Haman had a wife and friends. When a misfortune happened to him, the Megila doesn't speak anymore about his friends but about "chachsmav", which we can perhaps translate as his experts.

Are they the same people? If yes why change their name?

2 Answers 2


This question is asked by the Gemara Megillah 16a. The gist of it is that since at that point Haman's advisors said words of wisdom, the Megillah calls them 'Wise Men', to teach us that anyone who says words of wisdom, even if they are not Jewish, deserve to be called 'Wise Men'.

ויספר המן לזרש אשתו ולכל אוהביו וגו' קרי להו אוהביו וקרי להו חכמיו אמר רבי יוחנן כל האומר דבר חכמה אפילו באומות העולם נקרא חכם The following verse states: “And Haman recounted to Zeresh his wife and to all his friends everything that had befallen him. Then his wise men and Zeresh his wife said to him: If Mordecai, before whom you have begun to fall, be of the seed of the Jews, then you will not prevail over him, but you shall fall before him” (Esther 6:13). The Gemara comments: At the beginning of the verse it calls them “his friends,” and in the continuation of the verse it calls them “his wise men.” Rabbi Yoḥanan said: Whoever says something wise, even if he is from the nations of the world, is called a wise man.


A slightly more 'Drushy' answer is given by the Sfas Emes in his Likutim (can be found in the Artscroll book Days of Joy: Ideas and insights of the Sfas Emes on Chanukah and Purim):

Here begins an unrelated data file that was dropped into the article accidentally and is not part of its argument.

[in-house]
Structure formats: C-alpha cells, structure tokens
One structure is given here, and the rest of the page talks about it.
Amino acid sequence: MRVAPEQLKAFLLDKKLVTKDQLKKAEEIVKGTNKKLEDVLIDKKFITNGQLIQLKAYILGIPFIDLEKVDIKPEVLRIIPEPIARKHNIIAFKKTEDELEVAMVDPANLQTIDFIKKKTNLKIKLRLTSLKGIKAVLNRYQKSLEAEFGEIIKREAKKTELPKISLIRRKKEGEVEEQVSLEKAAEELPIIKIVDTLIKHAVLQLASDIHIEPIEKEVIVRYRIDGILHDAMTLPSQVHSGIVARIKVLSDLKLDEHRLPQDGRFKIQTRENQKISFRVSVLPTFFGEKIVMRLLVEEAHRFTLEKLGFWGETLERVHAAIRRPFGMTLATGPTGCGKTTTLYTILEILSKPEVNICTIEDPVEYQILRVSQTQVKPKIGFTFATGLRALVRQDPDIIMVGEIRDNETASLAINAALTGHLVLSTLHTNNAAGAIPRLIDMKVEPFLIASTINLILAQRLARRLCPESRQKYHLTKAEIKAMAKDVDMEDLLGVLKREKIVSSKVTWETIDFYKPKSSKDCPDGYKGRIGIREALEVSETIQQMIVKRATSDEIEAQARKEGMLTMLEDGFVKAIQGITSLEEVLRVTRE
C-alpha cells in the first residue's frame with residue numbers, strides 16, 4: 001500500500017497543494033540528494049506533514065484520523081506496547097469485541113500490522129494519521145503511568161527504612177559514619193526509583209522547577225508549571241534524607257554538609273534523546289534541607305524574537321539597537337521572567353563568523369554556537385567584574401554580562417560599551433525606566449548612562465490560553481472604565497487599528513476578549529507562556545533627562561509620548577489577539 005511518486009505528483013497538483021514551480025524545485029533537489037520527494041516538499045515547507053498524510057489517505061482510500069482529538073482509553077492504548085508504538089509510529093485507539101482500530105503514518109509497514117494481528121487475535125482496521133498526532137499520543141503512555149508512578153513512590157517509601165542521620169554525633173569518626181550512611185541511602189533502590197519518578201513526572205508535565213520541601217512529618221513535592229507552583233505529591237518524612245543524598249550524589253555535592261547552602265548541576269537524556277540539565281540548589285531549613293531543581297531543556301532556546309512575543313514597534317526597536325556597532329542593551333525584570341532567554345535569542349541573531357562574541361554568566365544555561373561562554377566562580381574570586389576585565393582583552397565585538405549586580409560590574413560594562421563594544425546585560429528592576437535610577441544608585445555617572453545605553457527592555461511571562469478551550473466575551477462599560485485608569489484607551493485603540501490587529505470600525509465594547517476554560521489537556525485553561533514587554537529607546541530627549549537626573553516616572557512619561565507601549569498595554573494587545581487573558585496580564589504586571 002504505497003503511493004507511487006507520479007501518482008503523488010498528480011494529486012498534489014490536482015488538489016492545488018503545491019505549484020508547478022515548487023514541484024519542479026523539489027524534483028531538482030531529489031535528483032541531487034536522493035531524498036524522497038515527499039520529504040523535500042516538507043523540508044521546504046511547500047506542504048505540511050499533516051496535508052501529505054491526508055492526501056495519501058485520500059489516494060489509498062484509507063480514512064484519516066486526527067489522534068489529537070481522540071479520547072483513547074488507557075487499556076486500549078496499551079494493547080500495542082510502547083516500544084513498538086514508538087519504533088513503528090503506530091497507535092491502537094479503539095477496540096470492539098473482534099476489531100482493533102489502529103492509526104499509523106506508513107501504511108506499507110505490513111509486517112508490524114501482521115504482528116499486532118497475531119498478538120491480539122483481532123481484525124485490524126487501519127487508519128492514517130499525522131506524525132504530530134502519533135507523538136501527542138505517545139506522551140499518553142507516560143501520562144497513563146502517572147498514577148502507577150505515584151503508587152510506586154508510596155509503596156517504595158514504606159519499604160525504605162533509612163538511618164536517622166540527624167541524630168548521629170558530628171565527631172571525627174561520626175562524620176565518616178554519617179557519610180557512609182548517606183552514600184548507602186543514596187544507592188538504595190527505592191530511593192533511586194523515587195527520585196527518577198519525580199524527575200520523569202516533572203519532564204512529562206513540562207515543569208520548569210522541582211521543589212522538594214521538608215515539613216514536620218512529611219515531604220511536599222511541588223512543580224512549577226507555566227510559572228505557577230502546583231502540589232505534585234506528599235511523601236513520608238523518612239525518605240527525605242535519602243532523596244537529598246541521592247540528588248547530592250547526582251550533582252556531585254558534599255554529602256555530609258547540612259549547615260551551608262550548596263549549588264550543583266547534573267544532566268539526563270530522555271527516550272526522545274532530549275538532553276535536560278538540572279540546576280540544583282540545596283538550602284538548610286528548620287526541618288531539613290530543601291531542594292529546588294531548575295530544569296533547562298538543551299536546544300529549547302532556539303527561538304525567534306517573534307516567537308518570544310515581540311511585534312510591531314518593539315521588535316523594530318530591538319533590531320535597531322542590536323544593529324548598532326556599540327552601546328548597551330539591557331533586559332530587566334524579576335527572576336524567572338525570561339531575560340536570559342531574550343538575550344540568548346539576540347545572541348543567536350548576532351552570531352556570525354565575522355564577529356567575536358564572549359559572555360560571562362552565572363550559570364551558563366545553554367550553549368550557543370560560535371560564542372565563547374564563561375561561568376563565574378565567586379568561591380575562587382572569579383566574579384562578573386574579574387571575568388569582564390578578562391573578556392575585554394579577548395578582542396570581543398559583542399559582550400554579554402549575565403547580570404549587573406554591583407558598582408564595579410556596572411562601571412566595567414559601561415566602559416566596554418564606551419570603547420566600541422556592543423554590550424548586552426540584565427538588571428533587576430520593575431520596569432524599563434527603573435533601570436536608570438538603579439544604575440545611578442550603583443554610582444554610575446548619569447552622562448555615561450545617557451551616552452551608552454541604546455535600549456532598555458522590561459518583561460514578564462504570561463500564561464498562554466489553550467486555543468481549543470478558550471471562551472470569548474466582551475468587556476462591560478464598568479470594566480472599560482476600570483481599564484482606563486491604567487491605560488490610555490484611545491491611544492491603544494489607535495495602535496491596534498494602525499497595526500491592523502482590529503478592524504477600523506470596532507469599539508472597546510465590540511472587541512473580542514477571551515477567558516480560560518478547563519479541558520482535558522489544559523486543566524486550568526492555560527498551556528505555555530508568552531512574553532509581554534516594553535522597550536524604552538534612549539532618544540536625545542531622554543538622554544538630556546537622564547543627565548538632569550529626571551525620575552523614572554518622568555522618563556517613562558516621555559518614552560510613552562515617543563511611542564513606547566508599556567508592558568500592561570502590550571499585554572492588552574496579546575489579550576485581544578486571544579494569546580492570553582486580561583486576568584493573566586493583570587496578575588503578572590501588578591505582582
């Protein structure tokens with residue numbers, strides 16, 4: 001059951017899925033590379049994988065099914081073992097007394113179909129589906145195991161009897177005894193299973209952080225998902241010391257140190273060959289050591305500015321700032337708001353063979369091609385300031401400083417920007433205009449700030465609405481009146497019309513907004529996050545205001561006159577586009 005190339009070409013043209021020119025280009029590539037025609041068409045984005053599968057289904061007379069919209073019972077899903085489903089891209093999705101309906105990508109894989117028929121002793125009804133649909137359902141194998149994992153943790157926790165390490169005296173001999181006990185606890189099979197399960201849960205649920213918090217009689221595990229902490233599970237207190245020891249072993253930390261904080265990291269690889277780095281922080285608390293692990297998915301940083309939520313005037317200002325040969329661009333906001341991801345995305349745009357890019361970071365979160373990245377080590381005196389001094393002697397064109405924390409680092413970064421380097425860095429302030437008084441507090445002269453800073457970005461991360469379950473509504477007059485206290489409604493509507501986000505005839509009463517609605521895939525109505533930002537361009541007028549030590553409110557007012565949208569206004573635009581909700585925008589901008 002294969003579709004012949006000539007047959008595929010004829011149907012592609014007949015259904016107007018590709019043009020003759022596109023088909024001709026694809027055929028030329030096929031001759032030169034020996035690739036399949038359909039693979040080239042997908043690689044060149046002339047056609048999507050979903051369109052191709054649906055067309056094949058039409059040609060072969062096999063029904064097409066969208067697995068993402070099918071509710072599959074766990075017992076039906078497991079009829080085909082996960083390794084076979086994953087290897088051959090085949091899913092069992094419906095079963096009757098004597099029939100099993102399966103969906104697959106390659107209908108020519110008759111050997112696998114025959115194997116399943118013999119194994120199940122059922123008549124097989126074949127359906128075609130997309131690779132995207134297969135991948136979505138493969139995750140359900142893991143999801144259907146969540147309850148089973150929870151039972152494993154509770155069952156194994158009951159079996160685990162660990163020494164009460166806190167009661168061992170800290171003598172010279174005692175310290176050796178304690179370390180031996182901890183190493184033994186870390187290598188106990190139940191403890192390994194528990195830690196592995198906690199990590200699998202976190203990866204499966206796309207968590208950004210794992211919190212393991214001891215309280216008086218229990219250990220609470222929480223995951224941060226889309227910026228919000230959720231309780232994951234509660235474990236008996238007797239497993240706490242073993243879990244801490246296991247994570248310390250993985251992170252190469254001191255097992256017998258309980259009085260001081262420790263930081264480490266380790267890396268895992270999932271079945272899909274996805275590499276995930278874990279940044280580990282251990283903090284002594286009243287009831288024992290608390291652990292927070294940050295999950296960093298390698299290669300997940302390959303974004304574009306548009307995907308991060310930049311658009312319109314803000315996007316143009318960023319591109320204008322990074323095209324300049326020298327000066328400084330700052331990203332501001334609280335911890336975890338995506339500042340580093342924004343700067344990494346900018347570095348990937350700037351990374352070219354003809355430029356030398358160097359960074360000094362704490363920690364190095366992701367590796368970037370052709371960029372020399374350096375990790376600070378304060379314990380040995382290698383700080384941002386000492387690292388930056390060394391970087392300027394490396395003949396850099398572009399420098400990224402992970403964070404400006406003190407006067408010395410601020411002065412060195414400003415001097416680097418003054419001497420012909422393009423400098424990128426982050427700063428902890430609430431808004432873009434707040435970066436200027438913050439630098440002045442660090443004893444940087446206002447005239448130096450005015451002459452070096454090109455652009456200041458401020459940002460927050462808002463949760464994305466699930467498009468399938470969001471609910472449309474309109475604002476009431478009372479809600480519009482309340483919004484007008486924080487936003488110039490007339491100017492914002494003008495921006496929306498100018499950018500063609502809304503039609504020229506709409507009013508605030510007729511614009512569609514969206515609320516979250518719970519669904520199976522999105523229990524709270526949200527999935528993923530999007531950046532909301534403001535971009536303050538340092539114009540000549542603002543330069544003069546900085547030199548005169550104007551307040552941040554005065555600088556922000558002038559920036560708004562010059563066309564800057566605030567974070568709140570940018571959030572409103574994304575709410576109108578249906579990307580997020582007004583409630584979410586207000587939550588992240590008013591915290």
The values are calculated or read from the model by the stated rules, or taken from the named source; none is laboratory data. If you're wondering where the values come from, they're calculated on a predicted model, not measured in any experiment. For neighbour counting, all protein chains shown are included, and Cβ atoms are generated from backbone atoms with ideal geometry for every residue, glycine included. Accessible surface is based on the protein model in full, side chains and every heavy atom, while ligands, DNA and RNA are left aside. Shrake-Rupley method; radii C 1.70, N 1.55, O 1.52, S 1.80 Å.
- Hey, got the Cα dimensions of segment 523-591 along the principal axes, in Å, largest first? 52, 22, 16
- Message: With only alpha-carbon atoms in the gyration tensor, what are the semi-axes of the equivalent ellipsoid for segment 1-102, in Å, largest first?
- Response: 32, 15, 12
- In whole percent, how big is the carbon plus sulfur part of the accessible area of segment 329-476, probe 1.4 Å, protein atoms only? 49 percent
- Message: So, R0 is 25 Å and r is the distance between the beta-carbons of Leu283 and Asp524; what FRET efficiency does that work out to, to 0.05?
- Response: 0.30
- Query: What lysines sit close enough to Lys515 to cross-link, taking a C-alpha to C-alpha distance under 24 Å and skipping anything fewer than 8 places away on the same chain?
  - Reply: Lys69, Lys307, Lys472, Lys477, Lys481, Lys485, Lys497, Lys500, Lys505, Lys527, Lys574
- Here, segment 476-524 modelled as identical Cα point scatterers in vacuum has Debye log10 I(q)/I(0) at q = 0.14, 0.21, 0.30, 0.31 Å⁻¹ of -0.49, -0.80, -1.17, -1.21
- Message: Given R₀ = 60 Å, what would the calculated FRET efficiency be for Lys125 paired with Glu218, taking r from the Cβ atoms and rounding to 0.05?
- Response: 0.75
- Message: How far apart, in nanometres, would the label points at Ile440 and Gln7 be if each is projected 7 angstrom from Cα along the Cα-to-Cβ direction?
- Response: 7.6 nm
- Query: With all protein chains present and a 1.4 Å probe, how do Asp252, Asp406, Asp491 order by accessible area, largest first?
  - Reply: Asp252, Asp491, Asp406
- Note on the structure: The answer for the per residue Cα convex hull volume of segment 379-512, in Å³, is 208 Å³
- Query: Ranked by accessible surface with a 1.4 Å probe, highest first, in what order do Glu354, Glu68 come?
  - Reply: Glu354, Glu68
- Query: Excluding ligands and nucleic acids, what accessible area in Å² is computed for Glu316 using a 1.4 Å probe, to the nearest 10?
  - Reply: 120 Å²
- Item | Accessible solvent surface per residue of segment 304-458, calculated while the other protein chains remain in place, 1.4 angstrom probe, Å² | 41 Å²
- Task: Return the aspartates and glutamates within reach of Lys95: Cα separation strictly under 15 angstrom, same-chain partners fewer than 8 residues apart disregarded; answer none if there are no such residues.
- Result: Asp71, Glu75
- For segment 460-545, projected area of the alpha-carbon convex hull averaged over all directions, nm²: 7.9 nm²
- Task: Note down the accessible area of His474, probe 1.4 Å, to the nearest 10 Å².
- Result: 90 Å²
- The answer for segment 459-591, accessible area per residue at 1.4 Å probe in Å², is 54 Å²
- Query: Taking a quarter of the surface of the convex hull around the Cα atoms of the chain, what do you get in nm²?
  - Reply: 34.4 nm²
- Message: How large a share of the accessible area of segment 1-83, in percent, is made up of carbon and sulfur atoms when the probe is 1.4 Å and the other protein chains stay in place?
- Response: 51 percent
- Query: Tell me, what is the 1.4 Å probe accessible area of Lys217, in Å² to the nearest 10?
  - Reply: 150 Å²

The Sfas Emes ties this to the Mishnah in Avos 5:16 where it says that a love which is based on something will cease to exist when that specific 'something' ceases to exist as well. Those who loved Haman loved him for his wealth and power, when he started losing his wealth and power, they no longer loved him.

Up until this point in the story, Haman was an exorbitantly wealthy rising political figure. He had power and money, so there were lots of people who became his 'friends' for those reasons. This point in the Megillah is where Haman's fortunes begin to turn, so immediately, all his 'friends' dropped their pretense and were only described as 'advisors'.

  • Note that even his "friends" are actually "those who liked him" [ohavav], not "those he liked." He may not have had the capacity for the latter -- or they weren't worth it in his opinion.
    – Shalom
    Commented Apr 1, 2019 at 8:28

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